Roughly 4,000 years ago, where the Romanian Plains border the Carpathian Mountains, mourners tucked a 30-something man into a tomb. Adorned with red pigment and faced toward the west, his body was buried in the typical fashion of the Yamnaya: within a sprawling mound of dirt.
Less typical was the wear and tear on the man’s skeleton, which bore signs of repeated horseback riding. While a healed sacral fracture hinted that the man had suffered a traumatic fall, mounting horses had left him with an arthritic spine, a roughened pelvis, and a pair of accentuated thighbones.
Now in scientists’ hands, this skeleton from the Strejnicu archaeological site, and other skeletons like it, have rewritten the history of horse riding. Pushing the origins of the practice back by over 1,000 years, the remains also explain the swiftness of ancient migrations that shaped the genetic and cultural fabric of Eurasia.
What are the Origins of Horse Riding?
At the beginning of the Bronze Age, between about 3200 and 2500 B.C.E., the Yamnaya people set off from their native territory, probably north of the Black and Caspian seas. Within a couple of centuries, it seems the nomadic herders had overrun lands spanning at least 3,000 miles from what is now Hungary to Mongolia. As they moved, they had offspring with locals and likely spread their language, potentially one of the first Indo-European tongues. Spoken by around 3 billion people today, the 400-plus languages within this family may trace their popularity to the Yamnaya.
Scholars have wondered whether horses aided the Yamnaya’s spread, some 1,000 years before the earliest convincing evidence of equestrianism, both written and illustrated. Animal bones from Yamnaya sites confirm they kept horses, and proteins trapped in tooth tartar show they drank horse milk. But having and riding horses aren’t one and the same.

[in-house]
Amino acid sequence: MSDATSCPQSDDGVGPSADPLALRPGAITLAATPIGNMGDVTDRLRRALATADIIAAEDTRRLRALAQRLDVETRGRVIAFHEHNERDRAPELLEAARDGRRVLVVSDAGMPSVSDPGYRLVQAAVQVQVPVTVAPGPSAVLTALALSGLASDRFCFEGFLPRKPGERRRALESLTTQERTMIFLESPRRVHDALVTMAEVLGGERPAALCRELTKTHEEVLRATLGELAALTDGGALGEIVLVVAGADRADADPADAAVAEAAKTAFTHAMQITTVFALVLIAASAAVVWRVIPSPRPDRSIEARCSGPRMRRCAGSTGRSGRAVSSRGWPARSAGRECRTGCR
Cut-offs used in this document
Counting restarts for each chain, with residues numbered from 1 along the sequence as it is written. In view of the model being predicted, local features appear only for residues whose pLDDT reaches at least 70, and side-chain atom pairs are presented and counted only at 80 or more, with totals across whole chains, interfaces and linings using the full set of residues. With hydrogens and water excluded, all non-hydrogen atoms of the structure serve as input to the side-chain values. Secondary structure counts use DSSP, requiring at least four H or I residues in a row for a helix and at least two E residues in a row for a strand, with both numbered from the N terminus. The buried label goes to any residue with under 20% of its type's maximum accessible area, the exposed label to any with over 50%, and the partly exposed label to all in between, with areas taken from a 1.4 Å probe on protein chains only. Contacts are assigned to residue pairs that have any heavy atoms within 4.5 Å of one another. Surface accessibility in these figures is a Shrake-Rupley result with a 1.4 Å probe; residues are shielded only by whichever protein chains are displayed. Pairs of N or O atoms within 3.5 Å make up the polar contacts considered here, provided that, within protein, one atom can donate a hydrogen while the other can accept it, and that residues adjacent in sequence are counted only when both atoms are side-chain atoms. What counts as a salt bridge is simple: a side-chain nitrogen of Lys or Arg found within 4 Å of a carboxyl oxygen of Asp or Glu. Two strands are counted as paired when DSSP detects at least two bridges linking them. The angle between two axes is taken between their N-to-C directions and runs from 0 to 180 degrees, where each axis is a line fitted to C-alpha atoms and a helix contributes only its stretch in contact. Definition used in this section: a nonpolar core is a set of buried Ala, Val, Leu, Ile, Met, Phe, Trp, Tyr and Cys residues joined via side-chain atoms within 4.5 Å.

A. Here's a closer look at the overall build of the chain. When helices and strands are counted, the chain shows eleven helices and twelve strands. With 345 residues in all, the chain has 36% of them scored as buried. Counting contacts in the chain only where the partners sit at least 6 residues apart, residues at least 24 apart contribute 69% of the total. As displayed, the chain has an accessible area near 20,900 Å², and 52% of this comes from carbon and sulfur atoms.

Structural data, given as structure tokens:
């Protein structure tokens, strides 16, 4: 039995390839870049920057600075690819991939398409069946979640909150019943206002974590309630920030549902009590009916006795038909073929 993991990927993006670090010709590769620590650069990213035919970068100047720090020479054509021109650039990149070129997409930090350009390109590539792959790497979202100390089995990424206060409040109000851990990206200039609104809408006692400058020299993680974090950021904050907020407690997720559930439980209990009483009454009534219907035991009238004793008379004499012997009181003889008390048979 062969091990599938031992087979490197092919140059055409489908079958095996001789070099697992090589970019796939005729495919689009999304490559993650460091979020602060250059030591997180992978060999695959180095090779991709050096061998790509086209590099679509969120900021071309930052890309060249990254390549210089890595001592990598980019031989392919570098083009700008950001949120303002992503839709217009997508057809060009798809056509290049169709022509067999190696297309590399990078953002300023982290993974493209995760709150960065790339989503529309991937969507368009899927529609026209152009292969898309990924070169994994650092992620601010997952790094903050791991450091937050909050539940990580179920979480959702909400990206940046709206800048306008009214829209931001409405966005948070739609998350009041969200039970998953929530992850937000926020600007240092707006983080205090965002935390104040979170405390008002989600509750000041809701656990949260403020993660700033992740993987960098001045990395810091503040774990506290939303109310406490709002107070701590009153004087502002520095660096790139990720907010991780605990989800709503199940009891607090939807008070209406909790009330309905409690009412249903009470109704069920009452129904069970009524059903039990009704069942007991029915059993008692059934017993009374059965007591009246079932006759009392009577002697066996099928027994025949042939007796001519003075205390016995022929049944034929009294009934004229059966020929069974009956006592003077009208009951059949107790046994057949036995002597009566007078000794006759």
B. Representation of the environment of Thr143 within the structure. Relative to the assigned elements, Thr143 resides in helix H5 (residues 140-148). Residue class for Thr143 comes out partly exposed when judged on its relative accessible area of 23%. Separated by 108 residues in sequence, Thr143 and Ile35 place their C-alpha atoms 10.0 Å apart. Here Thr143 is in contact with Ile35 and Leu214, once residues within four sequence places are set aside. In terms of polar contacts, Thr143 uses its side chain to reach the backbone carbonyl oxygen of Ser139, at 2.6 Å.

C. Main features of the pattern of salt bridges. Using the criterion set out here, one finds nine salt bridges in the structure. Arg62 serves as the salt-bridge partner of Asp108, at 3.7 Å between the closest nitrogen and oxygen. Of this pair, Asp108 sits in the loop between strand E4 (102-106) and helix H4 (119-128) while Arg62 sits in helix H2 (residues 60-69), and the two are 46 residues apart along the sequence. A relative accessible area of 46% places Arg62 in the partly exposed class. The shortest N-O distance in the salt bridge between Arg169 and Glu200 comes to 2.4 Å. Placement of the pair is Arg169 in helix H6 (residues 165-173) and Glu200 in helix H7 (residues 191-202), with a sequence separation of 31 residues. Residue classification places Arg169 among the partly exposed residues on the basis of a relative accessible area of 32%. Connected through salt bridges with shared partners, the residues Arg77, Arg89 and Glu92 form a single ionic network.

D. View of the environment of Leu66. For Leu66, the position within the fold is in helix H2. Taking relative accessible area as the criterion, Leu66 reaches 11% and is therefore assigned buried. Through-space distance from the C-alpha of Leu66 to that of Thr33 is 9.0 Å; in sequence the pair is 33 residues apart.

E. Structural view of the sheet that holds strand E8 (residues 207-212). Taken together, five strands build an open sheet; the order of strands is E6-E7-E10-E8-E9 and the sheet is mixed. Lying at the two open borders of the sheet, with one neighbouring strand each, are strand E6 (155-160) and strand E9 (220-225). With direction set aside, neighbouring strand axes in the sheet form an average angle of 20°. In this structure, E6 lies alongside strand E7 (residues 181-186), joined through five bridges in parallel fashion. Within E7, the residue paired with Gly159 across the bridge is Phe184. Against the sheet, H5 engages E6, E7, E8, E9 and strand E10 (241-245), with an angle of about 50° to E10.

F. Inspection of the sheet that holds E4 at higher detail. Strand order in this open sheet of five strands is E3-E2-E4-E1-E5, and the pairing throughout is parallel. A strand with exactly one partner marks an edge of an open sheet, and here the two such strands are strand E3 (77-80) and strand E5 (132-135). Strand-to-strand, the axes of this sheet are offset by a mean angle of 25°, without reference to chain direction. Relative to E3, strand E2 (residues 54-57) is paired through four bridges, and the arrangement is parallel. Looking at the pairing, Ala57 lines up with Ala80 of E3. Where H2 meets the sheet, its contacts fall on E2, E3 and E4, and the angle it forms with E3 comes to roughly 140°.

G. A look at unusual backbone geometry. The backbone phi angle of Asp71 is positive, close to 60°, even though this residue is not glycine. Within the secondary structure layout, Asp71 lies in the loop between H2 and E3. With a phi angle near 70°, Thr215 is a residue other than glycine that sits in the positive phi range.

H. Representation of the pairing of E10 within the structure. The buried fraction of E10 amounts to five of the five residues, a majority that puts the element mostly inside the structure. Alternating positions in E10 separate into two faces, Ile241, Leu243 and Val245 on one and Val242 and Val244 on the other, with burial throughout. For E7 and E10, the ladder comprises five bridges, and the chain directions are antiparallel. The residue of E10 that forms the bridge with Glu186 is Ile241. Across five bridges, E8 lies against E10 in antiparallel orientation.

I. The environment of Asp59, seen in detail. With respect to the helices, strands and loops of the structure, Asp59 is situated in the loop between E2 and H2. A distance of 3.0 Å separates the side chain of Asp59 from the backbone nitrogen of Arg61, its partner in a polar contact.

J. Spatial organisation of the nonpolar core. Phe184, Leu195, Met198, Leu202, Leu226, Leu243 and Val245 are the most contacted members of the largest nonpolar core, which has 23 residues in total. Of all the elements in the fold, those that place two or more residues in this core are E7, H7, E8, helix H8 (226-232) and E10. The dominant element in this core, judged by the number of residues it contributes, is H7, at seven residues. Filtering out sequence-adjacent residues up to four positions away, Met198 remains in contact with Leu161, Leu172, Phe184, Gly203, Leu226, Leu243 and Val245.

How did Horses Help Migration?
Atop horses or not, the Yamnaya migrations were “one of the key moments that changed [the] culture and people of Eurasia,” says Volker Heyd, an archaeologist at the University of Helsinki. But because the Yamnaya rarely built permanent settlements, evidence for their expansion mostly comes from their burial mounds. “They are [some of the] only leftovers that we still see of this civilization,” says Heyd, who leads a European Research Council project investigating the Yamnaya’s influence.
As part of that project, biological anthropologist Martin Trautmann examined Yamnaya-era skeletons, stored in museums and other collections, to document their injuries and other traits. Early on, the Strejnicu skeleton stood out, displaying the distinctive wear-and-tear of regular horse riding. Suspecting others might too, Trautmann decided to search all the skeletons for signs of riding, including thickened and roughened hips, femurs, and spines, as well as broken bones from falls and other accidents. Between 2019 and 2022, he evaluated 217 sets of remains from across Romania, Bulgaria, Hungary, and Czechia.
Publishing the results in Science Advances in March 2023, Trautmann, Heyd, and colleagues reported about two dozen probable or possible riders, including five from Yamnaya sites and one from a pre-Yamnaya site, active before the Yamnaya’s arrival in Romania. The results suggest that some cultures had mastered horseback riding — “one of the big innovations of humankind” according to Heyd — by the third millennium B.C.E. Accelerating the exchange of people and ideas, the results help elucidate how the Yamnaya spread so far so quickly, altering Eurasian genes and cultures in their wake.
This story was originally published in our January February 2024 issue. Click here to subscribe to read more stories like this one.